23) Kemba Walker (PG) – If you’re the type who likes to play it safe early and take their home run cuts late in the draft, Kemba is your guy. It doesn’t get any safer than the Hornets’ lead guard. Walker has only missed a total of six games over the past three seasons and has been a top-30 player in each of those three seasons. His floor is even higher in the punt FG% build (43.1 FG%). Walker has been a top-25 player when FG% is ignored six seasons in row. Last season, Walker averaged an excellent 22.1 PPG, 2.9 3PG, 5.6 APG, and 1.1 SPG.

24) John Wall (PG) – Wall functions as a poor man’s Westbrook. He’ll bring the heat in the counting categories (19.4 PPG, 1.5 3PG, 9.6 APG, 1.4 SPG, 1.1 BPG) while destroying your hopes of winning FG% (42.0 FG%) and turnovers (3.9 TOPG). Like Westbrook, he’s also due for a bounce back at the line. Wall’s 72.6 percent success rate at the charity stripe is well below his career mark of 78.6 percent. Usually Wall is a headliner on my busts lists, but his current ADP around the second/third round turn feels right. If he’s healthy, there’s a good chance that he eclipses last season’s steals numbers. Before his disappointing 2017-2018 campaign, Wall had averaged at least 1.7 SPG four seasons in a row.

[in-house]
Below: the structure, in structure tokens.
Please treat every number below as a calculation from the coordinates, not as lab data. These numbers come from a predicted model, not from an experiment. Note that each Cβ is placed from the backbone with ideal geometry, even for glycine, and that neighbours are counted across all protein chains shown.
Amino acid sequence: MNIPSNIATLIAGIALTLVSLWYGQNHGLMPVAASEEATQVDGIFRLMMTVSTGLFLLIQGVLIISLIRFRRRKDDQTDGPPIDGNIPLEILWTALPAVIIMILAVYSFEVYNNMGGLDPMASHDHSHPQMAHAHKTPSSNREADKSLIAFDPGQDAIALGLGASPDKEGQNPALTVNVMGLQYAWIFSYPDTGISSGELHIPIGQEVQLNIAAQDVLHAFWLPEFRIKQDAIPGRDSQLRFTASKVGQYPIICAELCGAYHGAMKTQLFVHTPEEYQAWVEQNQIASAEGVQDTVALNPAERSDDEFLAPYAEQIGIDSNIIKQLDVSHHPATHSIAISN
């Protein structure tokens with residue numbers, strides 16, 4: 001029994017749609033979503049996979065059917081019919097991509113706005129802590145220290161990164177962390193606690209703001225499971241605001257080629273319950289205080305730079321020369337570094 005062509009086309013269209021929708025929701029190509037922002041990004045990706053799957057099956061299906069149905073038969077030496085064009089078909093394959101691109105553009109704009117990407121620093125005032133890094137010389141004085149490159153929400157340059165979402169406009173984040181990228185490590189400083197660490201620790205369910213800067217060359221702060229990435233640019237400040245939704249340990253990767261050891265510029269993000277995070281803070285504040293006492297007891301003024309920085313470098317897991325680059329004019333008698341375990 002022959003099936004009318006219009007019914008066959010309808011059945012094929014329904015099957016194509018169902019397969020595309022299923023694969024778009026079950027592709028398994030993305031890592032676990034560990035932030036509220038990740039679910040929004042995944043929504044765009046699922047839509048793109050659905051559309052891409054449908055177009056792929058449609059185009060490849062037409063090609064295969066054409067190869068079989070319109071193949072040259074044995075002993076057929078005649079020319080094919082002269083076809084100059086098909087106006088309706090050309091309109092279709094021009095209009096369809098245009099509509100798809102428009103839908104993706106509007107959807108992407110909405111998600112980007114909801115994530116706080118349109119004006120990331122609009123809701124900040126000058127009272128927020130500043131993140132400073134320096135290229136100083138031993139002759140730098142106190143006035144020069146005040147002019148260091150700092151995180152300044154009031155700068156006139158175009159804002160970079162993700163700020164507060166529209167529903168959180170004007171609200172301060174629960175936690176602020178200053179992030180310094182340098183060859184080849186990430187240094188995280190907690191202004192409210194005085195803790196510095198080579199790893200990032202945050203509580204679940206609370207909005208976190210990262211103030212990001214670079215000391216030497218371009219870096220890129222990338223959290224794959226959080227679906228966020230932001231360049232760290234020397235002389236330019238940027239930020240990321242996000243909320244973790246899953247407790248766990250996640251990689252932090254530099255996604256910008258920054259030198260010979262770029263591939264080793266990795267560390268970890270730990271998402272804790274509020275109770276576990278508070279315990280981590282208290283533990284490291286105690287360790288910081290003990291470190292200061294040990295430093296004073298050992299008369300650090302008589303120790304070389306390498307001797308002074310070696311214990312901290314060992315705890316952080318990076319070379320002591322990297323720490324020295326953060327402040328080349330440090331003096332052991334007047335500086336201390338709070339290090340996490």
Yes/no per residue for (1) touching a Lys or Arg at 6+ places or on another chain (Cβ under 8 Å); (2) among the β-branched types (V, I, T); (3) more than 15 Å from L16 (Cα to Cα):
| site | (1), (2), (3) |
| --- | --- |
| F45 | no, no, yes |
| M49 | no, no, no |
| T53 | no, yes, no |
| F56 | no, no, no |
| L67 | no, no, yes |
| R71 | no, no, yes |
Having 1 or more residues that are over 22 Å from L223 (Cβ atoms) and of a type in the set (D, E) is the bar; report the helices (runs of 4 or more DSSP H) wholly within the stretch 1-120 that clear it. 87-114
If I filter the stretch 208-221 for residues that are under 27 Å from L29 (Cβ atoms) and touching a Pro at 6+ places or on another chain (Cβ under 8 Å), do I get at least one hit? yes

25) Draymond Green (PF/C) – Draymond is another strong second-round pick for those who like their second-round picks to have a very high floor. It’s not as rare of a combination as it used it be, but Green is a member of the one three (1.1 3PG), one steal (1.3 SPG), and one block (1.3 BPG) club. He is also a better source of dimes than most point guards (7.3 APG) and makes a respectable impact on the boards (7.6 RPG). His percentages are mediocre (45.4 FG%, 77.5 FT%), but that’s not a major issue due to the low volume that accompanies those so-so percentages (8.8 FGA, 2.5 FTA). Green is a great fit for the punt points build and the punt points and FT% strategy.